A remarkably consistent body of evidence demonstrates association of HLA-B*51 (B*51:01 subtype) allele as the strongest genetic susceptibility gene so far among genetically predisposed BD patients. However, certain indigenous Amerindians have a high prevalence of HLA-B*51 but virtually no reported cases of BD. High level of recombination within the MHC is known to have occurred in these Eastern populations before their migration into Beringia and it was suggested that disruption of the genetic loci in linkage disequilibria with HLA-B*51 might be one reason for the absence of disease in these high HLA-B*51-bearing populations [10]. These findings emphasize the fundamental roles and interplay of both genetic and environmental components in the development of the disease.

There have been conflicting views, however, on whether the disease association with HLA-B*51 is attributed to a role of MHC class I variant itself or if the association is found due to its linkage disequilibrium (LD) with another variant in the region [11].

2.2. The unifying concept of MHC-I-opathy

The understanding of the pathophysiology of BD is challenging, as it is at the crossroads between autoimmune and autoinflammatory syndromes [12]. A new perspective of a unifying concept of MHC-I-opathy was proposed recently comprising of BD and several clinically distinct spondyloarthropathies (such as ankylosing spondylitis and psoriasis)—all associated with MHC Class I alleles, such as HLA-B*51, HLA-B*27, and HLA-C*0602, and epistatic endoplasmic reticulum aminopeptidase 1 (ERAP-1) interactions.

McGonagle et al. have proposed that the MHC-I-opathies share an immunopathogenetic basis including barrier dysfunction in environmentally exposed organs such as the skin and aberrant innate immune reactions at sites of mechanical stress. This they argue can often trigger secondary adaptive immune CD8+ T cell responses with prominent neutrophilic inflammation that culminate in the initiation and chronicity of these diseases [13]. Further research and understanding into this unifying concept of MHC I driven inflammatory response may provide further targets for disease management.

2.3. Other MHC/HLA associations

The complexity and strong LD with the HLA-B*51 allele make it difficult to explore additional independent susceptibility loci within this region. Despite having the strongest genetic association, it remains unclear to this day whether disease susceptibility in BD is due to the HLA-B*51 itself or due to the genes located around the HLA which is in LD with it.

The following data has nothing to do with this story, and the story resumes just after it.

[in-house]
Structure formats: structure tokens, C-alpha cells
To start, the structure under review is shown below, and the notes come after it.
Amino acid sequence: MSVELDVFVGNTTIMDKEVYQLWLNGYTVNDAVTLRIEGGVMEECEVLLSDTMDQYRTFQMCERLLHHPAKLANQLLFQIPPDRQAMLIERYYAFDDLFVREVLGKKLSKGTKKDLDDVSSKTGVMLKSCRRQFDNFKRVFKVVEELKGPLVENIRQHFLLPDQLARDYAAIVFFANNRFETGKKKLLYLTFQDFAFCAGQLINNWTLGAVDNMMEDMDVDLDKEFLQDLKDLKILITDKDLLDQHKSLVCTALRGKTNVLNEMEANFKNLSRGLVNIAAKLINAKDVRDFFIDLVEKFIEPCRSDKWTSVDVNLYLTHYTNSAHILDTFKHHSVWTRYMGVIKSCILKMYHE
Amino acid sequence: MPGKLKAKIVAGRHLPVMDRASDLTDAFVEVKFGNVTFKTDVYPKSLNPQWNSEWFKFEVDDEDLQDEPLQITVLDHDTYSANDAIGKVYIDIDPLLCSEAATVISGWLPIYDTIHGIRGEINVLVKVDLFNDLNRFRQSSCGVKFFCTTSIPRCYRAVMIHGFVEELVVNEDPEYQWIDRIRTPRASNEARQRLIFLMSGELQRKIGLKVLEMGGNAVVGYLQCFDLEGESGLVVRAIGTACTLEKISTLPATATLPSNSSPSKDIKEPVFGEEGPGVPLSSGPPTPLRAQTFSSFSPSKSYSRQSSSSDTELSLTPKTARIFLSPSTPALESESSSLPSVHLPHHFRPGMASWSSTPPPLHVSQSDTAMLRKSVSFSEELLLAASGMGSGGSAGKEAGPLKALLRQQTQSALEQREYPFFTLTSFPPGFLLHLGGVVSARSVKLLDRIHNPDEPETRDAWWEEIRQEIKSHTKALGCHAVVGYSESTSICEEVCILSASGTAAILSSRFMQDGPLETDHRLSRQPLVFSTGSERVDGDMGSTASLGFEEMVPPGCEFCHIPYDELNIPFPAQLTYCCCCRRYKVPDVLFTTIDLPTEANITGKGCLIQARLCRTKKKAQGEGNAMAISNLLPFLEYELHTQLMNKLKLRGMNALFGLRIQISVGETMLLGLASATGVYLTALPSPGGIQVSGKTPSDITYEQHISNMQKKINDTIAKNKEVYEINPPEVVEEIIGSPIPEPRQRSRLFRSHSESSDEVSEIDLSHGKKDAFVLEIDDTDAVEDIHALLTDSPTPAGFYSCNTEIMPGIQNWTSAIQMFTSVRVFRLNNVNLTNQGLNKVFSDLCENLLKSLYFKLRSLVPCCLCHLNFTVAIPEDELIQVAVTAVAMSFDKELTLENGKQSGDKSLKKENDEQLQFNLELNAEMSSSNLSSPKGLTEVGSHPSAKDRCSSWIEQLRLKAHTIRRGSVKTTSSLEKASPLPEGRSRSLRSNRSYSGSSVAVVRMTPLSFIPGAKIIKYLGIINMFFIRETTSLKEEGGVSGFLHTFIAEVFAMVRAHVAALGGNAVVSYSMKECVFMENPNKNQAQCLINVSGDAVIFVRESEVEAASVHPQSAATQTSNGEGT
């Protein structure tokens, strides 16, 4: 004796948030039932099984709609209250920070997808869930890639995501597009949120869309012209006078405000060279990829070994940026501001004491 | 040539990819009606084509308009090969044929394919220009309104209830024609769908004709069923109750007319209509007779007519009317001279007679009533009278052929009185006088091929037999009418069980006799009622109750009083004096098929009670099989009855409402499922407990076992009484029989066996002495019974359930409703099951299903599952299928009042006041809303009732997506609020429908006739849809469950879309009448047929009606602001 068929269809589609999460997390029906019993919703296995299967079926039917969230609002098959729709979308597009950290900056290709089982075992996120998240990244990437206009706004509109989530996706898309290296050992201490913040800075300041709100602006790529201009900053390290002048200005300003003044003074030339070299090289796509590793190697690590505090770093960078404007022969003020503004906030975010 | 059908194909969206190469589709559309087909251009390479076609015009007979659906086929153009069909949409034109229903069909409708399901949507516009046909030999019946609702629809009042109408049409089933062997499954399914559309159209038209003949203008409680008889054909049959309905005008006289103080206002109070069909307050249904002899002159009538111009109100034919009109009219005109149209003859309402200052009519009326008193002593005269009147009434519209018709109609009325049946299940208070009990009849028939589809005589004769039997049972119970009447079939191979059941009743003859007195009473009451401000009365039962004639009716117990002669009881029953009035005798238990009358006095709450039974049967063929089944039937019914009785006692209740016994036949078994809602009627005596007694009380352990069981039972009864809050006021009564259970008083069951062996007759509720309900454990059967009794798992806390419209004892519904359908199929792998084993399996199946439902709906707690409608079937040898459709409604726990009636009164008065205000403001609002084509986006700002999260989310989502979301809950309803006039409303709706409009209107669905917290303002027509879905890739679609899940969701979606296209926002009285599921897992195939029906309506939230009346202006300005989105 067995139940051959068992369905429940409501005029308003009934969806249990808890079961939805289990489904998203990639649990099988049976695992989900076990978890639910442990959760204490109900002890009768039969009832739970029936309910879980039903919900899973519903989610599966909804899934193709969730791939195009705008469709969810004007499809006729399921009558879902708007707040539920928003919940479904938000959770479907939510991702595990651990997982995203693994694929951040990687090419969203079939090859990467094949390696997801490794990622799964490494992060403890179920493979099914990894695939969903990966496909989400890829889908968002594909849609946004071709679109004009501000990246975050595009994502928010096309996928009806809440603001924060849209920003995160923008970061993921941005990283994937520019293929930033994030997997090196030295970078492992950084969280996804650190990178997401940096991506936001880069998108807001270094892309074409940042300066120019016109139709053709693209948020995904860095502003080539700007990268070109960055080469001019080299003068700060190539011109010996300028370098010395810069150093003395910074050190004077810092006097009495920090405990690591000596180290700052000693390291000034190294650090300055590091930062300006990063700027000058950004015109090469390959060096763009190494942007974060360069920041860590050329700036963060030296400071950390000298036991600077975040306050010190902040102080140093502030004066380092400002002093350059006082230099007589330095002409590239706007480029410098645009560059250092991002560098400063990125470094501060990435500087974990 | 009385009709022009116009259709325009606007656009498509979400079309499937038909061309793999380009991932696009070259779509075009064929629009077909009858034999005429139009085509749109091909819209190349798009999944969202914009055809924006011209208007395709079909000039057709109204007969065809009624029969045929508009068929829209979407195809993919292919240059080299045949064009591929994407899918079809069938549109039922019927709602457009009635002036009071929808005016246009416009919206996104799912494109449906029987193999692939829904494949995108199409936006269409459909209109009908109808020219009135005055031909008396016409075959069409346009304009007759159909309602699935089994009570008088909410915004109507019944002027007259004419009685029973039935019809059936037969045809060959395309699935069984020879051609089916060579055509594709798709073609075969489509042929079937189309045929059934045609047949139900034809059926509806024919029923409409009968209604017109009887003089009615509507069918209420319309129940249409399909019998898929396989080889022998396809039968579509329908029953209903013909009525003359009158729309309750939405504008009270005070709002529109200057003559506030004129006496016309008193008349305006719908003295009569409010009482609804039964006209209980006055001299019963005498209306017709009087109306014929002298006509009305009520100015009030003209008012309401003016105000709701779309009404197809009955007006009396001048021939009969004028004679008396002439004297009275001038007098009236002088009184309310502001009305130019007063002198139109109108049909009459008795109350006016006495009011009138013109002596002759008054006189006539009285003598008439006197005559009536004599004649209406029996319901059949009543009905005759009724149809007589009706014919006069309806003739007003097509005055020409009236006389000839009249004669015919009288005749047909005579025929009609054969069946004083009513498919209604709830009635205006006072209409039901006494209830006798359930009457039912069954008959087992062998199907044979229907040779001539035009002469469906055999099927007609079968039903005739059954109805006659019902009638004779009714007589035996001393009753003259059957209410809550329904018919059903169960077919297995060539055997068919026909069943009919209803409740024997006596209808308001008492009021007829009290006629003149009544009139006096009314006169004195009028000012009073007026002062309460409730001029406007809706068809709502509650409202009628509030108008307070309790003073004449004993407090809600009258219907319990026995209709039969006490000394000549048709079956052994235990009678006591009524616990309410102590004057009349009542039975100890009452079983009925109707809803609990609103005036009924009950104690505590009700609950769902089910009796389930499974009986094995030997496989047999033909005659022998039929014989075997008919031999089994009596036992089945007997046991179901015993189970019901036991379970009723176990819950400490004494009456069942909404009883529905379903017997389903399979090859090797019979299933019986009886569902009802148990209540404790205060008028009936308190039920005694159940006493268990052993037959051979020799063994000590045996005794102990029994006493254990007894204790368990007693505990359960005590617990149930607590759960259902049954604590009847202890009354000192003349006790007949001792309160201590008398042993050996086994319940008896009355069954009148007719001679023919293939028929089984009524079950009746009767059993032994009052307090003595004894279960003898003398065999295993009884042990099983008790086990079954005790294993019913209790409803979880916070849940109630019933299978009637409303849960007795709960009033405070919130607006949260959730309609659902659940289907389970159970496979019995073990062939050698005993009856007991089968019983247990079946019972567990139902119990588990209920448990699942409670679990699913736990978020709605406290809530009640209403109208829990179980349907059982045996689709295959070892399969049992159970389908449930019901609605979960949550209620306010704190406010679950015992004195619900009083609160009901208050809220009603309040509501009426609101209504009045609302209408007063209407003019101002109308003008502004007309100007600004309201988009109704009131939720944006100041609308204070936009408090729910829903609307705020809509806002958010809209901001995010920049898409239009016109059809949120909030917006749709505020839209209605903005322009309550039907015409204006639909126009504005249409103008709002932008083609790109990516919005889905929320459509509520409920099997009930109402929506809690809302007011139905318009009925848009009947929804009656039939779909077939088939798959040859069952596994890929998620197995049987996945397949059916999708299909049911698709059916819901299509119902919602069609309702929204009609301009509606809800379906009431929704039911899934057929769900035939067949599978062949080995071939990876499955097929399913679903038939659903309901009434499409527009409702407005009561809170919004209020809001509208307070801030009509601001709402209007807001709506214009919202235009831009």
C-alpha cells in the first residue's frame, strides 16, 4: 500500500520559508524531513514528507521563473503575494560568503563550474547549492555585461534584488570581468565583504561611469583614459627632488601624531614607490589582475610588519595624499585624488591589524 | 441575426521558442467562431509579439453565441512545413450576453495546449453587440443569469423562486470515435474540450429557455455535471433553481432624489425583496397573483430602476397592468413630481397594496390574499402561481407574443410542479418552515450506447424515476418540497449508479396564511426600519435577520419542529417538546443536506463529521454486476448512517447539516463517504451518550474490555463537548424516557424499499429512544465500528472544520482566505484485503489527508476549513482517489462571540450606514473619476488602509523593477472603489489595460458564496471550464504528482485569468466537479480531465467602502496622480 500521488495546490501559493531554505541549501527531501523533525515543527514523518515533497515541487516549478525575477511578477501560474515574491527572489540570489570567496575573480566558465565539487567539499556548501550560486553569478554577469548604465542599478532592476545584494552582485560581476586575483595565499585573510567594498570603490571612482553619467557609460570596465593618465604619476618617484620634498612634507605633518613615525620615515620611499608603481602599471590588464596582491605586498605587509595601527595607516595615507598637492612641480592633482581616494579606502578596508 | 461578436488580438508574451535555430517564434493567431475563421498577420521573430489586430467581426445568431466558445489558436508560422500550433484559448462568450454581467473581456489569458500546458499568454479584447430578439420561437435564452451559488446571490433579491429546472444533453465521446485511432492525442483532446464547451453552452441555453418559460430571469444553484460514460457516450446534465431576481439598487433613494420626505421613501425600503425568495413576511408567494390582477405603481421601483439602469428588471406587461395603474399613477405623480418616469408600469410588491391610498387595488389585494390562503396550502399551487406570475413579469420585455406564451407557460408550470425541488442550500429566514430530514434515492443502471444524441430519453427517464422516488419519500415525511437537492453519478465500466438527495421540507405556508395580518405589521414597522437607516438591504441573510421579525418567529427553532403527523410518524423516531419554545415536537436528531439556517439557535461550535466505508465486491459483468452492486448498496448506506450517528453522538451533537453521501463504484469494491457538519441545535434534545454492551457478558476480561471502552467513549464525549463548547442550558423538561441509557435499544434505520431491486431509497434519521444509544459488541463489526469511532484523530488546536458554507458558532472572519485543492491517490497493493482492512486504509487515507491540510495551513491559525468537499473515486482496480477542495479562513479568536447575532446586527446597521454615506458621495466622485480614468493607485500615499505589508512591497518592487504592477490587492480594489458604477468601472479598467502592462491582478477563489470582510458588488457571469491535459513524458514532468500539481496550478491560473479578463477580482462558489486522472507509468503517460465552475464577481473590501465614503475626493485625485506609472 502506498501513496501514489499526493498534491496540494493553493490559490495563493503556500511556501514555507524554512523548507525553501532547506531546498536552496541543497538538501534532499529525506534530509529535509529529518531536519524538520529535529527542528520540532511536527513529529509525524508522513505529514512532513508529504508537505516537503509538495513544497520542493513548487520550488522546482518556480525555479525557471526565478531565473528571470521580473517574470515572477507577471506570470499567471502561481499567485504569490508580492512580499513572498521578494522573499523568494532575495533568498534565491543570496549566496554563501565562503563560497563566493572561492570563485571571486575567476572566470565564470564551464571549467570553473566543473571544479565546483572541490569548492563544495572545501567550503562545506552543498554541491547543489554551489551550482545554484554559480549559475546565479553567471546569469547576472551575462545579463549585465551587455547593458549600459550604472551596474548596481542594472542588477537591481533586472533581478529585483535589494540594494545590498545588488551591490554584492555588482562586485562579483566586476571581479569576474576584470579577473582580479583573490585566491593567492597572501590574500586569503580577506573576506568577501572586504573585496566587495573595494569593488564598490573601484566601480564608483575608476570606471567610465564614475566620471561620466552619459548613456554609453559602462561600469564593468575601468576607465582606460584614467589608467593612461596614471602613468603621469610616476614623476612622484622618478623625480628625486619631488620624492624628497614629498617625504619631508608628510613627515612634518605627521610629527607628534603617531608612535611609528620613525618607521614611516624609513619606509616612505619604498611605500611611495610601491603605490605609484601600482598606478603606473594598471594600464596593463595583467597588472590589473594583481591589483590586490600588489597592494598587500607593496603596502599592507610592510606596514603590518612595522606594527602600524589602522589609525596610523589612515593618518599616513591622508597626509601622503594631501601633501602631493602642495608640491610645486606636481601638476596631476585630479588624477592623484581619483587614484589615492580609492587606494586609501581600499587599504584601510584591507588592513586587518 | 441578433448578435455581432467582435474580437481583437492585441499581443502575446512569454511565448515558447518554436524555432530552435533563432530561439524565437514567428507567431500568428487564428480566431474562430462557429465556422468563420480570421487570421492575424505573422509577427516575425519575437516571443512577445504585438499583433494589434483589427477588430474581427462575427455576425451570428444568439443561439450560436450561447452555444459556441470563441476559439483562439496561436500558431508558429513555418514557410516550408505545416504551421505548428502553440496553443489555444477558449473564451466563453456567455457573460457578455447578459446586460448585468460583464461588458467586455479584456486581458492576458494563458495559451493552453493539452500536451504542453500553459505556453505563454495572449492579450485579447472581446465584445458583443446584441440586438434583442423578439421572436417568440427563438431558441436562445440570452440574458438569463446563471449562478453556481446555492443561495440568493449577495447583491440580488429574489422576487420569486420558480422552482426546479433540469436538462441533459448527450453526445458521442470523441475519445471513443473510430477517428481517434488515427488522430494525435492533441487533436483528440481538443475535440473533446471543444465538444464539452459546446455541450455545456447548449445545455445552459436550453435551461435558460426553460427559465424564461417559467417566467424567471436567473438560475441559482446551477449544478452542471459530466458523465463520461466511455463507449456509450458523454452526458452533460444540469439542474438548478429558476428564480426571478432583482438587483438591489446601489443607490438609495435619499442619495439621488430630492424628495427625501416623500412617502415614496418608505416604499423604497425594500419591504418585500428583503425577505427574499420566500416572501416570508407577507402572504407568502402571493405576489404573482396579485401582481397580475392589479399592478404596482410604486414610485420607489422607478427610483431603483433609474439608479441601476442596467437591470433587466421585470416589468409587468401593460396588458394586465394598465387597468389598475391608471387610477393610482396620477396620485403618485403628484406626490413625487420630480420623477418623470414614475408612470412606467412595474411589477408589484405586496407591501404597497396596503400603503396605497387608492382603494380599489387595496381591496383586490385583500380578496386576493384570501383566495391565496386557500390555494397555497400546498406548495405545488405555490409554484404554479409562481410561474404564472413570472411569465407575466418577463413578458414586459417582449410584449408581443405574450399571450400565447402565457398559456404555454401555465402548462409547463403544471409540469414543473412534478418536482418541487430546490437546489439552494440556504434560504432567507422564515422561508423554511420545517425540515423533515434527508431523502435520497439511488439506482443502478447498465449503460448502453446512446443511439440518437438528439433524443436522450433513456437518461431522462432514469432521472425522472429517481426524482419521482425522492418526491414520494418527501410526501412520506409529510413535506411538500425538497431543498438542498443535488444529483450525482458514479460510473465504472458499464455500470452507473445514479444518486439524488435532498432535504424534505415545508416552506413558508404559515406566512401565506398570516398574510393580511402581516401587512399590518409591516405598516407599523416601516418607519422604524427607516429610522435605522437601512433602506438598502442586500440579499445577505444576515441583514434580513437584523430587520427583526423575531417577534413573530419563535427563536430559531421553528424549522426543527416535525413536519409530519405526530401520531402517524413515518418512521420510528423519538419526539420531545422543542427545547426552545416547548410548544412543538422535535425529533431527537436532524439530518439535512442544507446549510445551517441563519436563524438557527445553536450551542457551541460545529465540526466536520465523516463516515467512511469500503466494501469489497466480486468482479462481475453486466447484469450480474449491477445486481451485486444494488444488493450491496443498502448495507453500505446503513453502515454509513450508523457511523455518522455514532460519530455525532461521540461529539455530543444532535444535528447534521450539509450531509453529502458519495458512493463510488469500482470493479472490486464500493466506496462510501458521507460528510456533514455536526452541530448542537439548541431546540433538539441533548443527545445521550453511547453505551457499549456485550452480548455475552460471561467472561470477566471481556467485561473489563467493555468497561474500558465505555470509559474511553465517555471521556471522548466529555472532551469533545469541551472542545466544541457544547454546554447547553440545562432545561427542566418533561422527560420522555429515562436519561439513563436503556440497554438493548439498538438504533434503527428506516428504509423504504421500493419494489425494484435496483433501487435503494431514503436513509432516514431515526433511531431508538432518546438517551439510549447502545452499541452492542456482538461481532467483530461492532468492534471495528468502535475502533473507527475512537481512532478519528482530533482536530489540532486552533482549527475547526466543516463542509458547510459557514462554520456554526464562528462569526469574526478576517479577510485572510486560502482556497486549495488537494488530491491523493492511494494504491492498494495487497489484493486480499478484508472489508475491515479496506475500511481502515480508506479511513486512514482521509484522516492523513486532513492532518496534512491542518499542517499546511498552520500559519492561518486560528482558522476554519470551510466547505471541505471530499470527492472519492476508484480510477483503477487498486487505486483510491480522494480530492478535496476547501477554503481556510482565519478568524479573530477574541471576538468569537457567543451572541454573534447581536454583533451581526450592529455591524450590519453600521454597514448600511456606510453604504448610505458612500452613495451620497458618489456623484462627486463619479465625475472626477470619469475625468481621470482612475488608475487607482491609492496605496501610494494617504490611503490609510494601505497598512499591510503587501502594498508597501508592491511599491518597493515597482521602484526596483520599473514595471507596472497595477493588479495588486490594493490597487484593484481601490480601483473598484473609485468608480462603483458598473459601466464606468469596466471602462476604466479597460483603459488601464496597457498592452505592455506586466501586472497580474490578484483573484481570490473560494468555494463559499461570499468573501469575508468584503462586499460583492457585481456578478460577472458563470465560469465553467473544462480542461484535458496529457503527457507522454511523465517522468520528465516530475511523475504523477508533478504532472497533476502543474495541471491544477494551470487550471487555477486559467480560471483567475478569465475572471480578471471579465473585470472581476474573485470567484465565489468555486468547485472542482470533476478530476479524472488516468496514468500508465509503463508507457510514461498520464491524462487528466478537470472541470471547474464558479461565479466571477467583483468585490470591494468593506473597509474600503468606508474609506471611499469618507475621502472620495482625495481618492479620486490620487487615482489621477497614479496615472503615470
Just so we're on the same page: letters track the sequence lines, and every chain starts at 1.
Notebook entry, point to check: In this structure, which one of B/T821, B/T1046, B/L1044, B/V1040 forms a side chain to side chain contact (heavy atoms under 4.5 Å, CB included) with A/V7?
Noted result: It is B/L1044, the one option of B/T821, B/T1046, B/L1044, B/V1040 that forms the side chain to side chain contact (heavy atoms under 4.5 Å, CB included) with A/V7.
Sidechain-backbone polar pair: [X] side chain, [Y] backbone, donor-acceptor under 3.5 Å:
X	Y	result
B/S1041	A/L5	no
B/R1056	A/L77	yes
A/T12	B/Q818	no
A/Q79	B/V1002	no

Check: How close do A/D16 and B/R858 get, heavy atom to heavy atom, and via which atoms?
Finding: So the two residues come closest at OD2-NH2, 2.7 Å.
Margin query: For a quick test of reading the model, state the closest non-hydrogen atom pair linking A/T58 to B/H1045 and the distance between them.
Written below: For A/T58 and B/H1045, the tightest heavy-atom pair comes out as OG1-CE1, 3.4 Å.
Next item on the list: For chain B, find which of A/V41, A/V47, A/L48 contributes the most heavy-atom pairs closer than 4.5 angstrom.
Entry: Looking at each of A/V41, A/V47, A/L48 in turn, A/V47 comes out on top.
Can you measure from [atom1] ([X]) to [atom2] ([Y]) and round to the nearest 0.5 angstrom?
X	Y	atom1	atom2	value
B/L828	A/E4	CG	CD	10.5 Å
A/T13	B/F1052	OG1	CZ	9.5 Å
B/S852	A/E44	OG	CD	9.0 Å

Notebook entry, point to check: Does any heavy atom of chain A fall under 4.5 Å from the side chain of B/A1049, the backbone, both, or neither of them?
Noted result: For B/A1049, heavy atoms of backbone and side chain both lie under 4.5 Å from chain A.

The MHC Class I chain-related gene A (MICA) is located in proximity and in between the HLA-B and tumor necrosis factor (TNF) genes on the short arm of chromosome 6. It has long been considered a major genetic susceptibility gene for BD and has been studied in many different populations since the first observation of a possible association by Mizuki et al. [14]. Lee et al. conducted a meta-analysis on the associations of MICA and BD and found statistically significant association in various ethnic populations [15]. However, due to its strong LD with HLA-B*51, it has been difficult to prove MICA as a primary susceptibility gene for BD. Furthermore, different GWAS did not find an independent association between MICA and BD [1618].

Ombrello et al. performed stepwise conditional analysis and found independent genetic associations for HLA-B*15 and HLA-B*27 and risk, while HLA-B*49 and HLA-A*03 were protective [19]. Montes-Cano et al. demonstrated HLA-B*57 as a marker for risk in the Spanish population [20], while Meguro et al. showed that HLA-A*26 is a risk marker in the Japanese population [16].

Using a custom platform (Immunochip) that includes 8572 single nucleotide polymorphisms (SNPs) in the HLA extended region, Hughes et al. demonstrated that the robust HLA-B*51 association in BD is due to a strong association signal of an SNP rs116799036 in two independent BD cohorts (Turkish and Italian) from two ancestry groups, while also identifying two additional independent genetic associations with genome-wide significance (P< 5 × 10−8) in the HLA region: rs12525170 and rs114854070 [21].

2.4. Genomic strategies for a complex genetic disease beyond the typical Mendelian inheritance

It was difficult to venture beyond the MHC in the past: the tools to do so were unavailable as linkage studies were only suitable for Mendelian disorders. Intriguing new techniques have surfaced in recent times accelerating the pace for gene discovery, especially for complex diseases such as BD.

2.4.1. Genome-wide association studies (GWAS)

Being a complex disease, BD does not follow the typical Mendelian law of inheritance, rather of a dichotomous nature conforming the “polygenic threshold model” where the phenotypic expression is resultant upon genetic variation at multiple rather than a single loci, with the majority of the cases occurring sporadically. This is the basis foundation for the development of GWAS, which was initially thought to be the “comprehensive” option designed to identify genetic variants associated with such complex disease [22].